The method 208 can also include calculating a positional change of the touch (218).
Even though the position between the starting point 232 and the intermediate point 236 is shown to be constant and liner in
Referring back to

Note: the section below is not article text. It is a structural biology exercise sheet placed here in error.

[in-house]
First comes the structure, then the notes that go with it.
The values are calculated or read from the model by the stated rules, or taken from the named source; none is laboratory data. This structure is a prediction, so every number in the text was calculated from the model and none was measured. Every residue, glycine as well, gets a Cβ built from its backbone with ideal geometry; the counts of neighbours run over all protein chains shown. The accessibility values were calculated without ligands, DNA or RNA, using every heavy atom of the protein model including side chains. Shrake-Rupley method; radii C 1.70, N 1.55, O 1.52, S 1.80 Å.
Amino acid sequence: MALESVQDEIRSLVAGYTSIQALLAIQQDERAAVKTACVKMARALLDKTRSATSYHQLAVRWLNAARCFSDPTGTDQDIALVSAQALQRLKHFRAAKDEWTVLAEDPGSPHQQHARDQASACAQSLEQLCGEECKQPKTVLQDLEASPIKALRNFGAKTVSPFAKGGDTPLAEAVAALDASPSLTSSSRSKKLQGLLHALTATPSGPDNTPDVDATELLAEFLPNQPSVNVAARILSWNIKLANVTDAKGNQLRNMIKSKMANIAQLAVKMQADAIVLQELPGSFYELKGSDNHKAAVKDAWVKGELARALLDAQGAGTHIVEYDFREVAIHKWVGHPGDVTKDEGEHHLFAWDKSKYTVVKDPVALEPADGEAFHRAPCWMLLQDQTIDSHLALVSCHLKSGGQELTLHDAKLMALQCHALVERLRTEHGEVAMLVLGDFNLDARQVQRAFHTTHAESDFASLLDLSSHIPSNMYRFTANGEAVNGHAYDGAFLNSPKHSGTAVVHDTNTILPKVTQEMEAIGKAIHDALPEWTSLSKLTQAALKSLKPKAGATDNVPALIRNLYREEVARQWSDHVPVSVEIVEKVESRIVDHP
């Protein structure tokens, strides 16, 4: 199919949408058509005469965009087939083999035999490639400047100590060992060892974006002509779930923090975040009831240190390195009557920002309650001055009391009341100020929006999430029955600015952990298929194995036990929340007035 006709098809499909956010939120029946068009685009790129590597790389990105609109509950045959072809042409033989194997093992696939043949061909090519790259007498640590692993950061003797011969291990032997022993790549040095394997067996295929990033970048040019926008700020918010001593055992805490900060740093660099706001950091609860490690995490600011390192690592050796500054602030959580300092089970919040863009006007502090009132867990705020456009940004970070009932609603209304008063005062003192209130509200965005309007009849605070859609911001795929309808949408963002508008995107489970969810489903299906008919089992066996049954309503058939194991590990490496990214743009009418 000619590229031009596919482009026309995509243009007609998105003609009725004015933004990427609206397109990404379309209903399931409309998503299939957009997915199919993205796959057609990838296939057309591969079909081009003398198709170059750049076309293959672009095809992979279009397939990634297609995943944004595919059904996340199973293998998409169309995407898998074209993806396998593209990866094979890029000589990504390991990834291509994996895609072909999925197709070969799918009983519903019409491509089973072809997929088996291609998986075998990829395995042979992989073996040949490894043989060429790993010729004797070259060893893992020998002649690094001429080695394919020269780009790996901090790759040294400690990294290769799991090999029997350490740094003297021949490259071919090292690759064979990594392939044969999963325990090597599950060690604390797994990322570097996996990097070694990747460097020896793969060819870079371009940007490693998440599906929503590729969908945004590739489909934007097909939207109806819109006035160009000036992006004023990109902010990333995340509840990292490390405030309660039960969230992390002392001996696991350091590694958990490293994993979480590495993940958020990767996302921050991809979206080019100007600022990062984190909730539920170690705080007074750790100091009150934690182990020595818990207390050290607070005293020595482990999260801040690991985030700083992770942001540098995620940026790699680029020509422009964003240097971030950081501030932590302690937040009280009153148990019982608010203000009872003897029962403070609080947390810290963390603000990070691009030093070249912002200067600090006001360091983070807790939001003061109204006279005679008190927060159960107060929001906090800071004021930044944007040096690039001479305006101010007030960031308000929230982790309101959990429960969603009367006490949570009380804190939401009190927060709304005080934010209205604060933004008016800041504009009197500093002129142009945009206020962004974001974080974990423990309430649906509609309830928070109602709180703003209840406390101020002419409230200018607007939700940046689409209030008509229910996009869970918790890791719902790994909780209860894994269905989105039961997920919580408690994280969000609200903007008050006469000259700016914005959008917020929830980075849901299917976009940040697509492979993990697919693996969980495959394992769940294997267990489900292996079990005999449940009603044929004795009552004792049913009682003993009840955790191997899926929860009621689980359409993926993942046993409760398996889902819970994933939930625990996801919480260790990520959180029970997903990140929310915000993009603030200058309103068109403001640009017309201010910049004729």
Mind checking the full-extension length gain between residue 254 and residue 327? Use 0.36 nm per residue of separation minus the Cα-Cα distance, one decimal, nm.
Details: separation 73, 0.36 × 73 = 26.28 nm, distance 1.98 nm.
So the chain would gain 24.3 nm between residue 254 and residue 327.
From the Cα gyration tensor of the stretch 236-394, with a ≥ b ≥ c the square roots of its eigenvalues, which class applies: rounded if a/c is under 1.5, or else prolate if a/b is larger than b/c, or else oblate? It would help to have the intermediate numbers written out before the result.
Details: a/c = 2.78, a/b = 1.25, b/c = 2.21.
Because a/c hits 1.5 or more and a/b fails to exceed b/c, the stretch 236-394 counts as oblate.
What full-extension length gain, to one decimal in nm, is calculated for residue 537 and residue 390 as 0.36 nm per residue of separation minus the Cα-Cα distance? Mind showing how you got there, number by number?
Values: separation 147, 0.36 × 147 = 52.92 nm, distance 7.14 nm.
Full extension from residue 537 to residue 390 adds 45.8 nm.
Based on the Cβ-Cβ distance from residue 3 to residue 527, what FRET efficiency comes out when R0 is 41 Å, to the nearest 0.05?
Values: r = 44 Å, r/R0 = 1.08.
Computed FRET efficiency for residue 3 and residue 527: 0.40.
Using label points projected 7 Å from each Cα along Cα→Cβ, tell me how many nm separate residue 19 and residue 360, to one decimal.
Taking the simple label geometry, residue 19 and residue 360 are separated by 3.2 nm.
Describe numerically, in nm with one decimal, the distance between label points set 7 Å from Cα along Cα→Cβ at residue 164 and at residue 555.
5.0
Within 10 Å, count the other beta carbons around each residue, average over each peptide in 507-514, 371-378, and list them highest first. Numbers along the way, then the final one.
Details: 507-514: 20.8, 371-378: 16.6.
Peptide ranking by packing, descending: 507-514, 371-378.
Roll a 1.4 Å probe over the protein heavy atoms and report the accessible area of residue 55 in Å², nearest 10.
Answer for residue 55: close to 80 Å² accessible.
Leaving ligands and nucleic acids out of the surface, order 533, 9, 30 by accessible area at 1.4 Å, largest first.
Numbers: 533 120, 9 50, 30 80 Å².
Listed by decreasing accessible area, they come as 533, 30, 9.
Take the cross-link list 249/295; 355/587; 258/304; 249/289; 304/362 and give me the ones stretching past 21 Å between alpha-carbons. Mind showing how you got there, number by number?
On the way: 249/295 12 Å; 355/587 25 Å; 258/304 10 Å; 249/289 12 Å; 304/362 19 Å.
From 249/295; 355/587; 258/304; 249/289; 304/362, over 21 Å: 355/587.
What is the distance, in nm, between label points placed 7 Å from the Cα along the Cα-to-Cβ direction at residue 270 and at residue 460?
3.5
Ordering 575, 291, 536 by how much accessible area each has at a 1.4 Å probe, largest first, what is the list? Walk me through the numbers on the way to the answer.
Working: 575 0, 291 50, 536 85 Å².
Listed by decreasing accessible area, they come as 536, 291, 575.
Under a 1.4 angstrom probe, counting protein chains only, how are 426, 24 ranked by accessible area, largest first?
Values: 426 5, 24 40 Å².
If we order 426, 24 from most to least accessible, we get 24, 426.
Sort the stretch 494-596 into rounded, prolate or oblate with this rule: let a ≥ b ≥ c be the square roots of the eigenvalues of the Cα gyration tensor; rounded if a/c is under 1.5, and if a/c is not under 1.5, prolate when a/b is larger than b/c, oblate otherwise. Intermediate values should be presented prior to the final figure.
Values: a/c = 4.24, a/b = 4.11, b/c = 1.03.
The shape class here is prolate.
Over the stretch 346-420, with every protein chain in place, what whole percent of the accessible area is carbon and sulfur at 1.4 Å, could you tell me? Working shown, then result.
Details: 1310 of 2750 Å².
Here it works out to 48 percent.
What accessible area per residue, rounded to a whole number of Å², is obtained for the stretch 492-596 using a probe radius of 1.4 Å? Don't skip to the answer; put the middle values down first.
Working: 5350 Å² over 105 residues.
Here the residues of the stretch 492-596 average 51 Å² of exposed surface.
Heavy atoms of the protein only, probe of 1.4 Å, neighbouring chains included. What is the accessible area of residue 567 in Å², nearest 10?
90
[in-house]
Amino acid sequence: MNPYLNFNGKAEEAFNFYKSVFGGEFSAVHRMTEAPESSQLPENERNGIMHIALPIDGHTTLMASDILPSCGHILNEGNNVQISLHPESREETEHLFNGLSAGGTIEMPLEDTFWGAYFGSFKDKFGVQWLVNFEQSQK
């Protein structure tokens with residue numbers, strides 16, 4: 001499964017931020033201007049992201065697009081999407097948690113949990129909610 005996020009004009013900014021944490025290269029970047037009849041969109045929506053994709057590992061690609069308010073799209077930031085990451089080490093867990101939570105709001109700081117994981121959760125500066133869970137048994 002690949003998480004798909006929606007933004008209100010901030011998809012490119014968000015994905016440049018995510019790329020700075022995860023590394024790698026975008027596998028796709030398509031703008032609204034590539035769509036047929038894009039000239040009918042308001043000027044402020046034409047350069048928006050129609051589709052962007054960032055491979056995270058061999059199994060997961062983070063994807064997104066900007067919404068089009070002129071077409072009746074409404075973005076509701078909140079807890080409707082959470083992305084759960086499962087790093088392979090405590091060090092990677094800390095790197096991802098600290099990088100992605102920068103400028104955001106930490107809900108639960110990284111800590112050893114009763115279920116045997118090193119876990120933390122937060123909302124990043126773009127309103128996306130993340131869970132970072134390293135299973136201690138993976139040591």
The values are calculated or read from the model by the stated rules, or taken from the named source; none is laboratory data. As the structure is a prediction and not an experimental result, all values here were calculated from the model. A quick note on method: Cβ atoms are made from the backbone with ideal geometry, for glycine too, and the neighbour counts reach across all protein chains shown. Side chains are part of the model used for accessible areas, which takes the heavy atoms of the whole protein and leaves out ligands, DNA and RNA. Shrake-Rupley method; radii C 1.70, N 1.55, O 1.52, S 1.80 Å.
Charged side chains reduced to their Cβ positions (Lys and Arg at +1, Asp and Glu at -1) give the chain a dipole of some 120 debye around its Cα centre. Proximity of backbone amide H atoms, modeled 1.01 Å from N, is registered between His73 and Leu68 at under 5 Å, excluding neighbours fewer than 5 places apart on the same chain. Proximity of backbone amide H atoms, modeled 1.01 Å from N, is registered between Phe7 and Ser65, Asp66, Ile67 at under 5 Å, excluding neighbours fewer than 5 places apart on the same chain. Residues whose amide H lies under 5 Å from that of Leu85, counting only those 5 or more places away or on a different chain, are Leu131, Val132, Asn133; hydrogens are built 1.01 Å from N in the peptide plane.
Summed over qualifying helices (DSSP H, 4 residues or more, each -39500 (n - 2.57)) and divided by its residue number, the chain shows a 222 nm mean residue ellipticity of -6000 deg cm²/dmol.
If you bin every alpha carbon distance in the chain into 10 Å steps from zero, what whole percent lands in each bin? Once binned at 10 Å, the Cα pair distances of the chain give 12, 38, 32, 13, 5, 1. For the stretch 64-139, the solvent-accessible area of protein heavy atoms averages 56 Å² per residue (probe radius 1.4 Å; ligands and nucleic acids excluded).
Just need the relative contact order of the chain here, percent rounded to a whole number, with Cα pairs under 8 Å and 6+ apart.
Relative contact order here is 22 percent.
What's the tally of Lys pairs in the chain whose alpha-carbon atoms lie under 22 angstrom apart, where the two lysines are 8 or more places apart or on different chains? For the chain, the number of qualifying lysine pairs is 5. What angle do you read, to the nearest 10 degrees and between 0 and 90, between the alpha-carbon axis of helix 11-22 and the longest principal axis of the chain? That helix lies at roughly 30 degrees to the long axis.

If a touch is detected after the scroll timer is started, the method 224 can include calculating a positional change of the touch (block 248). If the calculated positional change is less than a threshold (block 249), the method 224 can include stop scrolling (block 251). If the positional change is greater than the threshold, in one embodiment, the process includes determining an elapsed time between the first touch and the second touch by, e.g., determining an accumulated time in the scroll timer. If the elapsed time is less than a scrolling-time threshold (e.g., 1 second), the process can include accelerated scrolling by, e.g., scrolling at a second speed faster than the first speed (block 253). In one embodiment, the second speed is twice the first speed. In other embodiments, the second speed can be any speed that is greater than the first speed. If the elapsed time is greater than the scrolling-time threshold, the process can include extended scrolling by, e.g., extending the time period of scrolling at the first speed by resetting the scroll timer and/or other suitable techniques.